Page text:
Stephen Stills didn't initially want the new blues-inspired collective he formed with Barry Goldberg and Kenny Wayne Shepherd to be called The Rides. He had another name in mind to express the inspirations in the band's roots-directed, guitar-centric music.
"I actually wanted to call the band 'The Ghost Riders' because we are feeding off the many generations before us," said the double inductee to the Rock and Roll Hall of Fame.
"But we also feed off each other and what we have garnered from a hundred years of blues and 200 years of pre-Nashville country. Just simple love songs, just the simplest kinds of music that you can make at home or on the front porch — that's what we're feeding off of. And because all three of us love it, the process between the three of us making it is virtually instantaneous."
Stills will introduce The Rides to the region with performances Saturday in Cincinnati and Monday at the Lexington Opera House.
To appreciate how The Rides got rolling, become acquainted with a 1968 record of loose, impromptu jams called Super Session. Stills and pianist Goldberg played on it but not together. Goldberg contributed to two tracks with his Electric Flag bandmate, guitarist Michael Bloomfield. After Bloomfield bailed on the album, Stills, then in his final days with Buffalo Springfield (the first of the two bands that landed him in the Hall of Fame), was quickly recruited.
Amazingly, Stills and Goldberg wouldn't work together until the idea for The Rides was triggered 45 years later.
"Unless the wax melted on Super Session, we never came together for a long, long time," Goldberg said. "Basically what happened was our mutual manager, Elliot Roberts, was over at my house, and we had a poker game. Elliott was looking at some of my records and saw the Super Session record and a lot of my blues stuff and he said, 'You know, Stephen was talking to me about maybe making a blues-oriented record just to have a good time and play. Maybe you guys can write together. I thought, 'Wow. That would be amazing.'
"So it started out with the concept of a jam sort of thing, but it was actual songs that we were writing and not just eight-minute jams. Still, we needed a third person, maybe a younger person to come in and join us. The mutual idea was one of my favorite guitar players, Kenny Wayne Shepherd."
One of the most popular torch-bearers of blues-directed guitar rock to emerge after the death of Stevie Ray Vaughan, Shepherd released his first album, Ledbetter Heights, which went platinum, while he was in his late teens. He is now 36.
Just as Stills maintains his partnership with David Crosby and Graham Nash (which put him into the Hall of Fame a second time) and Goldberg stays active as a songwriter and instrumentalist, Shepherd continues to front his own band.
"Everybody has their own career going," Shepherd said. "Obviously, Stephen has CSN. I have my band. Barry has his songwriting career. But all of those things considered and all of those things aside, I don't think The Rides is going to be a one-off thing. We've already started the songwriting process for another record. Of course, there's got to be a balance there. I mean, Stephen is going to have to do shows with his band. I'm going to have to do shows with my band. But I think we all can the find the right opportunities and create the right balance between these bands, because I feel like this is a priority for all of us as well."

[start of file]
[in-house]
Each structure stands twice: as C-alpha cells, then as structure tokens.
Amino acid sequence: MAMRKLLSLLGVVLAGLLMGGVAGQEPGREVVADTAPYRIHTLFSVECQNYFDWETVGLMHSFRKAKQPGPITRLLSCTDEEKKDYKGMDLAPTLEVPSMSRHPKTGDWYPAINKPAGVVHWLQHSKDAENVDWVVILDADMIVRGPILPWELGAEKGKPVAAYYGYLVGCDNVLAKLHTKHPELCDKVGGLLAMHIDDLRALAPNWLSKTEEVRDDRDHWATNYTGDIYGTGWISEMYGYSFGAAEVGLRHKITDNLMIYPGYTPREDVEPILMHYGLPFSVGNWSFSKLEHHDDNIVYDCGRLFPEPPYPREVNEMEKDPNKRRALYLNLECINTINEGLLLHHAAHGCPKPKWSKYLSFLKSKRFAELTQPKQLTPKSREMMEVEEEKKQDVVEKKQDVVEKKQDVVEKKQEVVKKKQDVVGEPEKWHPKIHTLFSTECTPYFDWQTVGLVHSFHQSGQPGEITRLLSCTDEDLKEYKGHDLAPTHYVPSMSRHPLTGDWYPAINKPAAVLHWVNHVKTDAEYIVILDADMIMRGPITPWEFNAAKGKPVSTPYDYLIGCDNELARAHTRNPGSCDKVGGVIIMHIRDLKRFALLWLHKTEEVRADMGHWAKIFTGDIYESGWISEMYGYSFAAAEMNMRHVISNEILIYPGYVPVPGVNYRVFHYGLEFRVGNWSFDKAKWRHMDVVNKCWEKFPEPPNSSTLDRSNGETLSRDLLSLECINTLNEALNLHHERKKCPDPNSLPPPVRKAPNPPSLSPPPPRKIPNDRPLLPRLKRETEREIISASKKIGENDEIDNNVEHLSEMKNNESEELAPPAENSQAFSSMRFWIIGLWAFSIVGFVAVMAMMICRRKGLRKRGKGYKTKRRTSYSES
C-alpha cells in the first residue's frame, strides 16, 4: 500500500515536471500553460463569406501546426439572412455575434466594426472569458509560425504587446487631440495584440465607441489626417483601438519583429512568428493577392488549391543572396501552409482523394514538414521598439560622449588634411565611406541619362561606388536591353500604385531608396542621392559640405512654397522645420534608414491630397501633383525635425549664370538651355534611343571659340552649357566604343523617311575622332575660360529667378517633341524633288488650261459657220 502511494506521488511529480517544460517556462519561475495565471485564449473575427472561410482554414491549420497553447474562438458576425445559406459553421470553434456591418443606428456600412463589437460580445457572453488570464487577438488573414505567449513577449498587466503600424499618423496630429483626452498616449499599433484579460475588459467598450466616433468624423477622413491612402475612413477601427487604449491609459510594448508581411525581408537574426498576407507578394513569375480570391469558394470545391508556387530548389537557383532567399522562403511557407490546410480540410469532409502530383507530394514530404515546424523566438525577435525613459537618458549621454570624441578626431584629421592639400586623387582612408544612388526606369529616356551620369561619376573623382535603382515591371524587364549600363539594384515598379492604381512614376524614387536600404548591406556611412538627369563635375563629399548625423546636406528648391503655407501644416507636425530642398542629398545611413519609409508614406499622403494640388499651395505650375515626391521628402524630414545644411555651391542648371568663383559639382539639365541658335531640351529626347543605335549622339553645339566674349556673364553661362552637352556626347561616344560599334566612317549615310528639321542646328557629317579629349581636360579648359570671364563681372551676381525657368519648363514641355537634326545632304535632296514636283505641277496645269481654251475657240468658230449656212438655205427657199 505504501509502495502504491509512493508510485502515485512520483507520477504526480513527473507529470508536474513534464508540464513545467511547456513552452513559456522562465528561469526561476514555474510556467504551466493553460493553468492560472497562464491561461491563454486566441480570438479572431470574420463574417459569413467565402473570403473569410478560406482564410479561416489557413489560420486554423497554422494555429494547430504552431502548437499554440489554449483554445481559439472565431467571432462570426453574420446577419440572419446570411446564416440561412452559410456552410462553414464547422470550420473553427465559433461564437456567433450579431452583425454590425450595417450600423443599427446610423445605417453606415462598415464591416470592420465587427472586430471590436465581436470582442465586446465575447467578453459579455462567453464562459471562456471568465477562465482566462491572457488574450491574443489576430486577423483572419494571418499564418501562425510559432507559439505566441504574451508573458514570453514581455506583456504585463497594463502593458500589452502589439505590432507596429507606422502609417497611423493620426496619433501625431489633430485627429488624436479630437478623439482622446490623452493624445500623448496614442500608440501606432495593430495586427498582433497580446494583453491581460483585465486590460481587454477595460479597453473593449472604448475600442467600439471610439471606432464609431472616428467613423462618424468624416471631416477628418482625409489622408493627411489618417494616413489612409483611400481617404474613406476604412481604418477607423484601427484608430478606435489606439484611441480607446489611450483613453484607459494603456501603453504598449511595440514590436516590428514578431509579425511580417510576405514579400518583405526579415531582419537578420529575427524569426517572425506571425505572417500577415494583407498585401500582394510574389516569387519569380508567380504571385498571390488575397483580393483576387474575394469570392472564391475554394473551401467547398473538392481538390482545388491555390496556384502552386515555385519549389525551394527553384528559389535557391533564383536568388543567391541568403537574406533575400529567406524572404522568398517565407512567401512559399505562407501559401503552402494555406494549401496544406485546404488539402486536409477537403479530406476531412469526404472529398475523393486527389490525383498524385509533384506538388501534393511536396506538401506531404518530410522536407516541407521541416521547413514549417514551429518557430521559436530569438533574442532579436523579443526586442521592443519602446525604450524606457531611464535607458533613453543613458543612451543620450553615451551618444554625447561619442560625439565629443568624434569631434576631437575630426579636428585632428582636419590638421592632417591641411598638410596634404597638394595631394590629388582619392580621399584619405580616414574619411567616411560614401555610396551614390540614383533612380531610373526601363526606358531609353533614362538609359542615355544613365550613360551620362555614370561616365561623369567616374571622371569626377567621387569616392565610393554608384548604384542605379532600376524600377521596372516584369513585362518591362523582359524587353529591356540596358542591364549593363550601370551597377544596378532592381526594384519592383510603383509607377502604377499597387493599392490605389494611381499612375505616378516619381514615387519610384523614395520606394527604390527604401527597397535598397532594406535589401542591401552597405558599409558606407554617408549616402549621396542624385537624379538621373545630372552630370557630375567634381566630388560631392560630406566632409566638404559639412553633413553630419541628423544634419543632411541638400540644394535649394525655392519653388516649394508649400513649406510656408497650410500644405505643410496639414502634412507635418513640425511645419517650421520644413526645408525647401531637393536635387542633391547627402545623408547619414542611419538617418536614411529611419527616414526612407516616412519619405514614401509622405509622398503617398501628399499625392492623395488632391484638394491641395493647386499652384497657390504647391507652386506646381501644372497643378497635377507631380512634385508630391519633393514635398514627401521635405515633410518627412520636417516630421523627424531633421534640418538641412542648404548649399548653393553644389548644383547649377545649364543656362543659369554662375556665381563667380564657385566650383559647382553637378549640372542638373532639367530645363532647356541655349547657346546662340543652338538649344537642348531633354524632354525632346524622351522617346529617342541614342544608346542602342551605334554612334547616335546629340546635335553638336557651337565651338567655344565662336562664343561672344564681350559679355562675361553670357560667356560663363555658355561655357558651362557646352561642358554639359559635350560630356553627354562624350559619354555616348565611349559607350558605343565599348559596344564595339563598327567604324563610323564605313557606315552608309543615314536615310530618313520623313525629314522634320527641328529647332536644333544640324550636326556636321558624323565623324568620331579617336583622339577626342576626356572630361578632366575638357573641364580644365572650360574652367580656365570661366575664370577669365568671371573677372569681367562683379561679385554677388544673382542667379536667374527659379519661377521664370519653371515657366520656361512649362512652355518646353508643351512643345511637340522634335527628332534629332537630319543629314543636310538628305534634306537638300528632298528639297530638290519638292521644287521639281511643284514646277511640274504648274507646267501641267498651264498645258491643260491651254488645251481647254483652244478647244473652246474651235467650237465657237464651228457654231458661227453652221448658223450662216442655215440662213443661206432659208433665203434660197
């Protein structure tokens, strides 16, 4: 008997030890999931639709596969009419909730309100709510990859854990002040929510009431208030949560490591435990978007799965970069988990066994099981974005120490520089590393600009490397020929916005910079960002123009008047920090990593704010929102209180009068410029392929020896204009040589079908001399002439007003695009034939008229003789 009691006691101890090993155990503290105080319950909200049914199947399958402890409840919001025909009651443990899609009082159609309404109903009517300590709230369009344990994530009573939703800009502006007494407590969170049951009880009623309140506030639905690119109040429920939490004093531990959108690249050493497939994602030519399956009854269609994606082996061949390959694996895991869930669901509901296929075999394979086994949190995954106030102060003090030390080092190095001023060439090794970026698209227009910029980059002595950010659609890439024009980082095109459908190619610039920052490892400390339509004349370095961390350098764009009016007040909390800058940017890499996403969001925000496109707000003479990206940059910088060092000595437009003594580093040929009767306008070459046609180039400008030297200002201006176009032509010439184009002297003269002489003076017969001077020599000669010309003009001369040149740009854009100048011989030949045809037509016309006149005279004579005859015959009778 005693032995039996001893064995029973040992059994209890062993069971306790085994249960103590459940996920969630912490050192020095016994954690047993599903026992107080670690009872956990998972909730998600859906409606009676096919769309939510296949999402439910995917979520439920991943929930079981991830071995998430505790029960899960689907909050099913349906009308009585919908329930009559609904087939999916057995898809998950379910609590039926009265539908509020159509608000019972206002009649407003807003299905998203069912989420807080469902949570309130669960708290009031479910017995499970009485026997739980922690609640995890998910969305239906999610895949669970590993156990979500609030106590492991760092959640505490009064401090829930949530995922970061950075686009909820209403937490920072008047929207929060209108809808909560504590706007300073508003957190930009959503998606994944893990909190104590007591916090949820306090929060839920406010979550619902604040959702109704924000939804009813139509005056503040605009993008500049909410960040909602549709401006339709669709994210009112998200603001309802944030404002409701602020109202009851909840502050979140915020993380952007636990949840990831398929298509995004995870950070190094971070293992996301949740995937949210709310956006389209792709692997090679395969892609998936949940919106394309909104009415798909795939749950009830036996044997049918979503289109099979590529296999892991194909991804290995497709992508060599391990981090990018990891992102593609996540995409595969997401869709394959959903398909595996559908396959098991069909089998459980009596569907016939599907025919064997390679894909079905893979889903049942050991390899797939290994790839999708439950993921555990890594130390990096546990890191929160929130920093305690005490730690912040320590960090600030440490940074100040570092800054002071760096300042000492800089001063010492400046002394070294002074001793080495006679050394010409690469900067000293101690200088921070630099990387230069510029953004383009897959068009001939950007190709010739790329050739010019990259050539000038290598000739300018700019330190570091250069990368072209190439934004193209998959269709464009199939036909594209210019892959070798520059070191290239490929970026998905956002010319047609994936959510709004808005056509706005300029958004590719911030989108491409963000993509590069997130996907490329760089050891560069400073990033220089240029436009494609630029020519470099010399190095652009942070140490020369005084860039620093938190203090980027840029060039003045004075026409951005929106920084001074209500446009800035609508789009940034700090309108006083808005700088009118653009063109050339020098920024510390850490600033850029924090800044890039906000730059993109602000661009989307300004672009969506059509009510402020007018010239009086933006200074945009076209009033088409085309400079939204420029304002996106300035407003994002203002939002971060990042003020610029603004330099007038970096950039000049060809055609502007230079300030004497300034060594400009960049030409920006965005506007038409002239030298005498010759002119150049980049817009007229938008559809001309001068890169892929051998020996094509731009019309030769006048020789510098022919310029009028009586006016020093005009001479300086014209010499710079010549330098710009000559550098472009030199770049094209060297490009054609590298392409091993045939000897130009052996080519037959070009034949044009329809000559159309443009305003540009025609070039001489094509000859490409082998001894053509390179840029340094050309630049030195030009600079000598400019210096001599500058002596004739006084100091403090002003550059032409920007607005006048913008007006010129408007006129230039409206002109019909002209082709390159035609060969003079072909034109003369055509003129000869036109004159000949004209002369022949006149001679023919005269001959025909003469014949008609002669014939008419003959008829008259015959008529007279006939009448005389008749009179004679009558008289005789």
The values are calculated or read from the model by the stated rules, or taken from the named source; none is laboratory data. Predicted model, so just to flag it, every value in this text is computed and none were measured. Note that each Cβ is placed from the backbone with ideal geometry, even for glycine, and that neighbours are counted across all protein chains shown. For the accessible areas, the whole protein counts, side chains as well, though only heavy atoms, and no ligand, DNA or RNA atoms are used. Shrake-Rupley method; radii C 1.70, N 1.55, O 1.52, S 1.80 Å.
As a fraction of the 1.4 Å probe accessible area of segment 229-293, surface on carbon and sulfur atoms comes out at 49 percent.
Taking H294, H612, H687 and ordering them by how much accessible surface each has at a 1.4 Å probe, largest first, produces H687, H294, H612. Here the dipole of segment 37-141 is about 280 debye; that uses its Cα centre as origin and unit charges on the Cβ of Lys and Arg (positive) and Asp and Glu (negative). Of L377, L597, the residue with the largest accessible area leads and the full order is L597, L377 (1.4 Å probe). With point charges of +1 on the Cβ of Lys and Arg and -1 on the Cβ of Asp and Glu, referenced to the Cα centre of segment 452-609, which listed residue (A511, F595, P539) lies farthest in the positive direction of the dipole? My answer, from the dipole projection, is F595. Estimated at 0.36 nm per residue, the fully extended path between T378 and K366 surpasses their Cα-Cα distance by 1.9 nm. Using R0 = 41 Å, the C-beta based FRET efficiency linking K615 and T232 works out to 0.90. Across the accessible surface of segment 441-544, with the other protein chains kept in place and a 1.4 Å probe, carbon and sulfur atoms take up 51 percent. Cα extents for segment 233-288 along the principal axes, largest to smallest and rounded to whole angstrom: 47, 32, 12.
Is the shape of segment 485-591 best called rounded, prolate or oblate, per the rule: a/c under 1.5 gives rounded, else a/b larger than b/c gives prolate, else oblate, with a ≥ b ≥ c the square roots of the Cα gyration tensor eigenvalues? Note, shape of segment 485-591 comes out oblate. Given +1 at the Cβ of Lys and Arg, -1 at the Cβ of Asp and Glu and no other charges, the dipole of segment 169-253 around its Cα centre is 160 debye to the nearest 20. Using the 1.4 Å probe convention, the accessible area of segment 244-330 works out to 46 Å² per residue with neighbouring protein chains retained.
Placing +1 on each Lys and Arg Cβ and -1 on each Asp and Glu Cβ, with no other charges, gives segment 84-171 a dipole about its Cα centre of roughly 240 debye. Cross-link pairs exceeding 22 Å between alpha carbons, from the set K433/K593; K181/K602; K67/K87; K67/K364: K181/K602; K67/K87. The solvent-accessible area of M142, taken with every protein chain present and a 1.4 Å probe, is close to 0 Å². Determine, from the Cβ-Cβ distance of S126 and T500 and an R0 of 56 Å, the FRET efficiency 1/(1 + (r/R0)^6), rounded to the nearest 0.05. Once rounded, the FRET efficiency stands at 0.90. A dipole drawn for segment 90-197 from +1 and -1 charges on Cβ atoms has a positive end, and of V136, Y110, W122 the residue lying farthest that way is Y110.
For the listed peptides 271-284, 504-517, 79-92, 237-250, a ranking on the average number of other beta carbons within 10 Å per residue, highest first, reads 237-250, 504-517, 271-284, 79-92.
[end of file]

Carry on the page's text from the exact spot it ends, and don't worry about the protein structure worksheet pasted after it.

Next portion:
To call the August-released Rides debut Can't Get Enough a blues album is misleading. There are several blues entries in the record's 10-song lineup (Elmore James' Talk to Me Baby and Muddy Waters' Honey Bee), but there also are several new works co-written by the three Rides co-pilots that combine hearty guitar exchanges and juke joint-flavored piano work (Roadhouse and Can't Get Enough of Losing You). Capping it all are well-amped covers of the Stooges classic Search and Destroy and even Rockin' in the Free World, an anthem penned by Stills' Buffalo Springfield (and occasional CSN) bandmate, Neil Young.
Of particular interest is Word Game, an acoustic tune written and recorded decades ago by Stills but recut by The Rides with an electric authority that enhances the song's still-topical narrative slant.
"I quit even listening back to the rough mixes as we made the album," Stills said. "It was like, if these two said I got a good vocal performance, then I don't want to hear it. We would all feel that and just go home after a session. When we came back the next day, the music we heard could have just sucked, but it never did. That's how we recorded the album in seven days and seven nights.
"I'm really happy with it, too. It's simple and straightforward. There aren't any tricks to it. What you hear is what you get, but it's only going to get better because by the time we get on the road to play, we will actually have had time to rehearse."
■ As part of the Ohio River Throwdown, also featuring Tedeschi Trucks Band, Los Lobos, J.J. Grey and Mofro, more. 12:45 p.m. Sept. 14. Riverbend Music Center and PNC Pavilion, 6295 Kellogg Ave., Cincinnati. $49.50-$69.50. Ticketmaster, 1-800-745-3000 or Ticketmaster.com. Ohioriverthrowdown.tumblr.com.
■ With Beth Hart. 7:30 p.m. Sept. 16. Lexington Opera House, 401 W. Short. St. $65.50, $75.50. (859) 233-3535 or Ticketmaster. Lexingtonoperahouse.com.